Fortunately additional fractionation capacity is coming online. In Mont Belvieu, Targa is expanding its Cedar Bayou fractionation plant by 60,000 bblss/day in 2011. Enterprise is increasing capacity by 75,000 bbls/day at its Mont Belvieu plant in 2011 and has announced another 60,000 bbls/day in 2012. Enterprise is also expanding fractionation at two plants in the Eagle Ford natural gas basin at Shoup (from 69,000 barrels/day to 77,000 barrels/day in Q2 2011) and Armstrong (from 17,000 barrels/day to 20,000 barrels/day in Q4 2011).
Although several regional bottlenecks will exist due mostly to logistical situations, this additional NGL fractionation capacity will be adequate to meet the needs for most NGL producers over the next few years. The greater challenge will be to find a market for the growing NGL production.
Market demand for NGL production
There are three primary markets for NGLs: Petrochemicals, residential/commercial heating (that also includes your home barbecue grill), and the refining/blending market — which uses butanes and natural gasoline to produce motor gasoline. Each NGL product has a unique market profile. Almost all ethane production is used in the petrochemical market as a feedstock to produce ethylene, propylene, and other building-block chemicals. Propane moves into both the petrochemical and heating market. Some propane is also exported to Mexico and offshore markets, mostly in Latin America. Butanes and natural gasoline (a.k.a C5+) move into petrochemicals, motor gasoline, and export markets.
In total, about 30% of total NGL supply goes into the heating market, almost all of which is propane. Demand in the heating market is weather dependent — highly sensitive to cold weather in areas of the country that use significant levels of propane for home heating.
About 15% moves into the refining and blending market, which is most of the butanes and natural gasoline. The demand for NGLs from the refining sector is dependent on NGL prices relative to other gasoline components, seasonal shifts in the specifications for those requirements, and the general health of the motor fuel market.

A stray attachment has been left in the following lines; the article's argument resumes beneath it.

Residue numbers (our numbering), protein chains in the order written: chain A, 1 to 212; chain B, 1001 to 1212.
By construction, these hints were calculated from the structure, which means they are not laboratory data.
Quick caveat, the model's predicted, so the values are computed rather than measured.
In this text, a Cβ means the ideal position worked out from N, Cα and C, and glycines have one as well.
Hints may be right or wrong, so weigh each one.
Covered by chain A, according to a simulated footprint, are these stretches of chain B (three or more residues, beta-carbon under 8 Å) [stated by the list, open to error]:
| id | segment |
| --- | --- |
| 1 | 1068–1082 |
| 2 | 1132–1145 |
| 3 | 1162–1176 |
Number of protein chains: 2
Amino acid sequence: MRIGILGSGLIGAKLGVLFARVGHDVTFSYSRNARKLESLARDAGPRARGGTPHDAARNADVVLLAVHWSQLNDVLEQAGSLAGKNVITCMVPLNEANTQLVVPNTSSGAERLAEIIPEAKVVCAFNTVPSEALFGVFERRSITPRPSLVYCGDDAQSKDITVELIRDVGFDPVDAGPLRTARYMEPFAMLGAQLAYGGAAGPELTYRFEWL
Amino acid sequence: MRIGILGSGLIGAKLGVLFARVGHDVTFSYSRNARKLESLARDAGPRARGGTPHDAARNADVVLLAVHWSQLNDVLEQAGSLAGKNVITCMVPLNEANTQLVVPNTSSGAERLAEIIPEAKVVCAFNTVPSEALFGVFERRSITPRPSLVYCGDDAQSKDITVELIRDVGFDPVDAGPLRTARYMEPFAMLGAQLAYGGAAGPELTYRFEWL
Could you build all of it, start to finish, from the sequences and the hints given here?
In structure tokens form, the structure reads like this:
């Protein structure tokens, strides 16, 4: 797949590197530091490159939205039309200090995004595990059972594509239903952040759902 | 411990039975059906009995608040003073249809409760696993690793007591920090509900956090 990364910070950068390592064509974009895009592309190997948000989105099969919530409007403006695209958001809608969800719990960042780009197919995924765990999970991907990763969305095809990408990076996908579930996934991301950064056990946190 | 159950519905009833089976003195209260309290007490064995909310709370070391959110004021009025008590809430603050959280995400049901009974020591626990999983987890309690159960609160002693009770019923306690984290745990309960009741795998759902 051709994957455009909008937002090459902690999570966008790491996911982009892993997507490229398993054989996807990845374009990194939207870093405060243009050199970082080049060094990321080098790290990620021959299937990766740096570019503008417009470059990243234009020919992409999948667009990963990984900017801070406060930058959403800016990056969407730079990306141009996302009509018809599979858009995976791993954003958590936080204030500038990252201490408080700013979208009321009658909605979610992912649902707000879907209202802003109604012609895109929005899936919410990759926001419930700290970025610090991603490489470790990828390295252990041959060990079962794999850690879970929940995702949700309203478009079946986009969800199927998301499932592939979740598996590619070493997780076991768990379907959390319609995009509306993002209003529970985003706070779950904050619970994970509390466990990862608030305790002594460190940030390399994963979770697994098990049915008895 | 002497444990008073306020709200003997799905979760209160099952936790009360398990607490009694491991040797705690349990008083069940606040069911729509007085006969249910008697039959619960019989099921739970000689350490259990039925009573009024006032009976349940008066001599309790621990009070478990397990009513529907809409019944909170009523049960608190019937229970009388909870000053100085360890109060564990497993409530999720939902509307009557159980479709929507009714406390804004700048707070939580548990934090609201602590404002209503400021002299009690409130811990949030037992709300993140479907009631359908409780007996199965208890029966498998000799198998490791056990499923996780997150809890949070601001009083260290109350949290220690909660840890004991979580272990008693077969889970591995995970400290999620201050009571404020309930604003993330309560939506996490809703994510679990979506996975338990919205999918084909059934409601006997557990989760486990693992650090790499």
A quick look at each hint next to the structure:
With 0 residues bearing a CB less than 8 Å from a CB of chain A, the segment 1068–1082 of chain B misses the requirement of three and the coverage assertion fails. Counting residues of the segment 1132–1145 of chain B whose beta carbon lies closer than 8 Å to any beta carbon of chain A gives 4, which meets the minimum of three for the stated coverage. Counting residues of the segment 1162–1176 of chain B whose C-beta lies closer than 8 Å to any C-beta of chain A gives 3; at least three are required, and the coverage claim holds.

The largest demand sector for NGLs is the petrochemical market, which absorbs about 55% of total NGL production. There are 27 major petrochemical facilities in the US, some of which have multiple units at the same location. These plants are called Olefin Units, Steam Crackers, or Ethylene Crackers, and are mostly located along the Texas/Louisiana Gulf Coast.
The demand for NGLs by the petrochemical sector fluctuates with the downstream demand for petrochemicals (influenced by economic activity, exchange rates, etc.) and the relative prices of NGLs to other petrochemical feedstocks.
To some extent, the petrochemical market acts as a balancing mechanism or "governor" of NGL demand. For example, if cold weather drives propane prices high, petrochemical plants will shift to lower price alternative feedstocks, reducing the demand for propane in the petrochemical market. Similar balancing mechanisms work for butanes and natural gasoline in both the petrochemical and refining/blending market.
The exception is ethane. Almost 100% of ethane is used in the petrochemical market, and thus the demand for the ethane component of the NGL stream is highly dependent on the petrochemical market. If downstream demand constraints for increased NGL production develop, the problem will most likely be concentrated in the ethane market.
The ethane market
Over the past year, about 80% of all U.S. ethylene cracker feedstocks were NGLs, with the remainder mostly naphthas and gas oils sourced from refinery output streams. Due primarily to attractive NGL pricing relative to the refinery streams, the feedstock percentage from NGLs has been increasing, with ethane taking a disproportionate share of the total. Most US ethylene crackers have been running maximum ethane volumes.